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As if he needs it, another break for Novak Djokovic

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Tsonga watches Djoker lob sail over his head (0:51)

During their quarterfinal match at the US Open, Novak Djokovic draws Jo-Wilfried Tsonga toward the net, then sends a lob to the baseline, and Tsonga can do nothing except watch it sail over his head. (0:51)

NEW YORK -- Finally, after nearly a fortnight of generic coaches and trainers, family and friends, a male player's box finally produced some serious star power.

There were Hugh Jackman and Ben Stiller sitting next to each other Tuesday night in the top row of Novak Djokovic's box. You had to wonder who was more thrilled to meet whom when six-time Grand Slam champion Boris Becker, Djokovic's coach, introduced himself before the match.

It wasn't the Q-Rating bonanza of Jay Z and Beyonce, who appeared in the box of Serena Williams earlier in the tournament, but it was pretty solid. The best Jo-Wilfried Tsonga could do? Roland Garros tournament director Guy Forget.

What felt like a prizefight at the outset -- this was the 22nd meeting between the two -- quickly devolved into a master-level class in geometry. No. 1-seeded Djokovic was leading 6-3, 6-2 when Tsonga retired abruptly with a left knee injury.

"I came out with the right intensity, the level of my game has raised," Djokovic said. "As tournament progresses, I feel like I'm getting better.

"To have three retirements on the road to the semifinals, I can only wish all my opponents a speedy recovery."

Is Djokovic concerned about the lack of playing time?

"Not really," he said. "At this stage of the season, considering some of my physical issues, this is the scenario that I needed and I wished for. Got a lot of days off, recovered my body. I'm feeling very close to the peak, and that's where I want to be."

Djokovic, thus, advances to a Friday semifinal against another 30-something Frenchman, Gael Monfils.

The 29-year-old Serb, who came into this event a little nicked up, doesn't need any luck -- but he has gotten oodles of it here.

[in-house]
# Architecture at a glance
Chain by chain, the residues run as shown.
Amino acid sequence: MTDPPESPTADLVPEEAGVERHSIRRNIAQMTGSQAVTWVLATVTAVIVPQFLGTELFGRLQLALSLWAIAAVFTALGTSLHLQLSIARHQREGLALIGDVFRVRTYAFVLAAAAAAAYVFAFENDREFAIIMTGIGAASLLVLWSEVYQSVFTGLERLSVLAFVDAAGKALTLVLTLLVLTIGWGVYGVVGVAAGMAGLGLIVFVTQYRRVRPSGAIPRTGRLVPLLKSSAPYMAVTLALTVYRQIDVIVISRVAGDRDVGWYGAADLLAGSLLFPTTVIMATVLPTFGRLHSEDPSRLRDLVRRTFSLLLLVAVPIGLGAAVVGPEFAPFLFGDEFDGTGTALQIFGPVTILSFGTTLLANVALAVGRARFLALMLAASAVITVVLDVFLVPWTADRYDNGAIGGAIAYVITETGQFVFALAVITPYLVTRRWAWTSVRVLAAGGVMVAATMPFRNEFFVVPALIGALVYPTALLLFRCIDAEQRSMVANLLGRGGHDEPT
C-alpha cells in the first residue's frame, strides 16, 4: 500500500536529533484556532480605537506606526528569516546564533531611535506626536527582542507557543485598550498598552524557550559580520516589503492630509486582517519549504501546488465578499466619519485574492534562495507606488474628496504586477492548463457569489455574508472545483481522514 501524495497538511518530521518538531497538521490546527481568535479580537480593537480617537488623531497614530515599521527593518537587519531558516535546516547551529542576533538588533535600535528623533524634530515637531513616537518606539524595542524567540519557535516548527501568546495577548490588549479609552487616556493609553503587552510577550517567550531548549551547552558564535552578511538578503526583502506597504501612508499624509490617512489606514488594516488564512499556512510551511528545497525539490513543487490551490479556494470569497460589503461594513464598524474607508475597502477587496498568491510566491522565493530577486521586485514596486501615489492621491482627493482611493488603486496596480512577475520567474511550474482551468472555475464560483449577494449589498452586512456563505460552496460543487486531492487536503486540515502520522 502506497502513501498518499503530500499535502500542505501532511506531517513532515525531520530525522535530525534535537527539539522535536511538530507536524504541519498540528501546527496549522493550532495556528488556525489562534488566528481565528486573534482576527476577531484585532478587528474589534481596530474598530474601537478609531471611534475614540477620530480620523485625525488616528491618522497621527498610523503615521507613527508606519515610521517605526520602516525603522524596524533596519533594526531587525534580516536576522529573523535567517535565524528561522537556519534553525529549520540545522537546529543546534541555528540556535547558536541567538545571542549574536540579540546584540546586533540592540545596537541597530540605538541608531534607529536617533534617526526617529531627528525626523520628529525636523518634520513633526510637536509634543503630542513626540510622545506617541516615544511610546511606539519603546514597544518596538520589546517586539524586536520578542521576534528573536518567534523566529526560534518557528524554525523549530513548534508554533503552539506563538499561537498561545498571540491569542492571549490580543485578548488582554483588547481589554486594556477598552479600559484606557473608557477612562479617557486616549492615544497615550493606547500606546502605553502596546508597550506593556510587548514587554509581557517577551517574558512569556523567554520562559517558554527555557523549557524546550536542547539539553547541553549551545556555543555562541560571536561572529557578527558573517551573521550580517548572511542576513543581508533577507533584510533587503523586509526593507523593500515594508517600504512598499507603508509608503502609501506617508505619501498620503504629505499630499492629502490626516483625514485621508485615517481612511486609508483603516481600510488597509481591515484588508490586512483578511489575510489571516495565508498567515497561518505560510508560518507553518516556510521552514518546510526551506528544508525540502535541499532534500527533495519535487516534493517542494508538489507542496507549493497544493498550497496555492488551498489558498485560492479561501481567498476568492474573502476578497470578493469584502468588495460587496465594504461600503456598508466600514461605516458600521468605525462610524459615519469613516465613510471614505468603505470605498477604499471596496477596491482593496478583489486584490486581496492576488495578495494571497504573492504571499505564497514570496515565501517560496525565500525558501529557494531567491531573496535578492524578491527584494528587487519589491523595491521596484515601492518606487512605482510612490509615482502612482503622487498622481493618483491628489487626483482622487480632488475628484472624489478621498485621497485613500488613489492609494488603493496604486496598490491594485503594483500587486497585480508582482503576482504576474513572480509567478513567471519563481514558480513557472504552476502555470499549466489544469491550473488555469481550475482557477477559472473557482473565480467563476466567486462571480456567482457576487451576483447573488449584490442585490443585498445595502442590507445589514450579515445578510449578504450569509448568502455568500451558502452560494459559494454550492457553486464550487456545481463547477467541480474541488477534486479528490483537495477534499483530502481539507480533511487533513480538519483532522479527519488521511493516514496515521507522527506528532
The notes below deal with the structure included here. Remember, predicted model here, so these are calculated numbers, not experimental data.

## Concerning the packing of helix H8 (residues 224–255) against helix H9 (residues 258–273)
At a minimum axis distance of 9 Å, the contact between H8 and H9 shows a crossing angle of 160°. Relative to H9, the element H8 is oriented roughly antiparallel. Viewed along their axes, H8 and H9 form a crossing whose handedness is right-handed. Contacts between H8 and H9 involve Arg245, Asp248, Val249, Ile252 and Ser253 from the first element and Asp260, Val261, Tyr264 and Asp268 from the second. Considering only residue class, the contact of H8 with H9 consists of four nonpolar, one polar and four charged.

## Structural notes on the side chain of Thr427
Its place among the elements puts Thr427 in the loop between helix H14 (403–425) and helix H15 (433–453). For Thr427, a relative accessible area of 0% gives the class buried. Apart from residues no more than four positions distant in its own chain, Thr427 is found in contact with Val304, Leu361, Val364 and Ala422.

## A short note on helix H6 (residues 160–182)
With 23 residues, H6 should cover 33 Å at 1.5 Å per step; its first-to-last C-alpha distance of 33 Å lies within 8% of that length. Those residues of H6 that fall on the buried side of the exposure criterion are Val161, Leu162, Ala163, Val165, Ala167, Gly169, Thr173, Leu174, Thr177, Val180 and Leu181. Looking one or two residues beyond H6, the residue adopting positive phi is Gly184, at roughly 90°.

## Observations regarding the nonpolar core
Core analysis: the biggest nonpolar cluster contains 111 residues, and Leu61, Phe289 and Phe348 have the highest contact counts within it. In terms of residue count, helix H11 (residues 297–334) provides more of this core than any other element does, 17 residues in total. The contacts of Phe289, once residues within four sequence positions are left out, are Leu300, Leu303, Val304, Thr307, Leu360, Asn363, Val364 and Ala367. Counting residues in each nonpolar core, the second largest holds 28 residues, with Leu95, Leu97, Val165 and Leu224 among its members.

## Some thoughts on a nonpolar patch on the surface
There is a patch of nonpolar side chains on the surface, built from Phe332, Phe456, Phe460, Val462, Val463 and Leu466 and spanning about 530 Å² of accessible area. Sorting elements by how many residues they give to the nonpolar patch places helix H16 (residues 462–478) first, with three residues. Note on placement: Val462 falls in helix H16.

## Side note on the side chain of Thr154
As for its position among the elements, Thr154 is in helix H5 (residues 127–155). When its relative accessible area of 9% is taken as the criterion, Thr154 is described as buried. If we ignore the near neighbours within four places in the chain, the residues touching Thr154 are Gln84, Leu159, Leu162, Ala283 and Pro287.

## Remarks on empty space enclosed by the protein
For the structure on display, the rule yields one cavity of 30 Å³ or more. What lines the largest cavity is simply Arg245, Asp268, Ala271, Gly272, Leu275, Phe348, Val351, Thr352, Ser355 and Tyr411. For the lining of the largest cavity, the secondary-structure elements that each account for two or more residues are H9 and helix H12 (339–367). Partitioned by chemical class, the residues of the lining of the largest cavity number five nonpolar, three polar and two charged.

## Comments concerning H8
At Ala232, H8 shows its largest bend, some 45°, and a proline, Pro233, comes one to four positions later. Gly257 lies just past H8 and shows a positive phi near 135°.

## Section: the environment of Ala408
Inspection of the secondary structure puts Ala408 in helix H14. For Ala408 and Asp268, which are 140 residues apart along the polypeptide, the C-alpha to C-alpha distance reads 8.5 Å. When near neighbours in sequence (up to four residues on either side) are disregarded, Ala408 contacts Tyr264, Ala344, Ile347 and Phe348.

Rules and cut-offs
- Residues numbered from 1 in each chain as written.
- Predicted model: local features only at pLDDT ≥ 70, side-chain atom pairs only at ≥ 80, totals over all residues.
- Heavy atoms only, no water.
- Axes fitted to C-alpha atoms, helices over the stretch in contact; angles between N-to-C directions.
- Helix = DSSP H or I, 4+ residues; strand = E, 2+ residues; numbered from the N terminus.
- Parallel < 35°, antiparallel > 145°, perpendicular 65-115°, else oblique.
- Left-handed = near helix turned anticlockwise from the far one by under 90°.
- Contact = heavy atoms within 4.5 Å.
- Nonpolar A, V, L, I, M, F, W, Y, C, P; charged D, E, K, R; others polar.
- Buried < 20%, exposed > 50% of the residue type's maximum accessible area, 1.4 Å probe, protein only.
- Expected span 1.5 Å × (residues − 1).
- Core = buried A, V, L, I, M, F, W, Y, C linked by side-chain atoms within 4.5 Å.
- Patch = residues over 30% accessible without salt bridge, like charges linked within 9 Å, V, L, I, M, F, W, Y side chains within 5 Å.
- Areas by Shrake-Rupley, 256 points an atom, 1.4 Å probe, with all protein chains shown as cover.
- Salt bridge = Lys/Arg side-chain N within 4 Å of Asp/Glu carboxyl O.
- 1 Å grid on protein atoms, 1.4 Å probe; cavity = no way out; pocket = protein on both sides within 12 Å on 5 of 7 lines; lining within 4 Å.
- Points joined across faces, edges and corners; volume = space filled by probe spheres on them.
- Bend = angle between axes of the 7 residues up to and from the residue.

Through five matches, Djokovic has now played a mere nine sets and six games. Only two of his matches have gone the minimum distance of three sets, with a walkover and two retirements.

At the beginning of Djokovic's on-court interview, ESPN's Brad Gilbert wanted to know what exactly was going on.

"You tell me, I don't know," Djokovic responded. "Obviously, I have to say it again. I really wish Jo a quick recovery. This is something I'm sure he didn't wish for."

Djokovic has now won each and every one of his 10 US Open quarterfinal matches, 10 straight Grand Slam quarters overall and 23 of the past 24.

He's also beaten Tsonga in 14 of their past 15 meetings.

There were times when Djokovic, covering the court with an almost disquieting aplomb, could have been mistaken for the flashing, steel-slashing "X-Men" character "Wolverine." Tsonga, the No. 9 seed, played more like the night watchman in "Night at the Museum."

Arthur Ashe Stadium, very close to its capacity of 23,700 spectators, was actually almost hushed at times. All those bodies seem to dampen the swirling sound that has visited matches when the seats are half full.

In those moments, the only sound was the squeaking of Djokovic's sneakers, the sound of impeccable footwork.

Djokovic is acknowledged as the game's finest returner of serve. His instincts and hand-eye coordination are extraordinary. For most of the match, he casually moved Tsonga from side to side, as if for his own amusement.

And no one turns trouble into treasure, defense into offense, quite like Djokovic. With Tsonga serving a 3-4 but facing a break point, Djokovic stretched to hit a running forehand -- for a winner past a stunned Tsonga.

Tsonga came into the match on a serving tear, but went out of the tournament meekly, seeing his serve broken four times in two sets. He double-faulted three times in a single game during the first set and four of five times overall.

Djokovic, noticing that Tsonga's first-serve speed had dropped significantly, knew something was up.

"But I held my concentration well," Djokovic said. "I hung in there and stayed composed."

Based on Andy Murray's superb summer, with wins at Wimbledon and the Rio de Janeiro Olympics, some folks have him favored to win this tournament.

Djokovic, for his part, came into this event nursing a "recurring" left wrist injury, but he has found some unexpected time for rest and relaxation in the Grand Slam considered the most grueling of the four.

Two matches short of the title, Djokovic is in a terrific spot, looking like a man poised to win three majors in a season for the third time, following 2011 and 2015.

"I'm hoping that's going to happen again," Djokovic said. "Grand Slams through the history of our sport have been the most prestigious.

"At the end of the day, I'm trying to take every moment with appreciation. I put myself in a position to be two matches away from the title. I'm not taking anything for granted."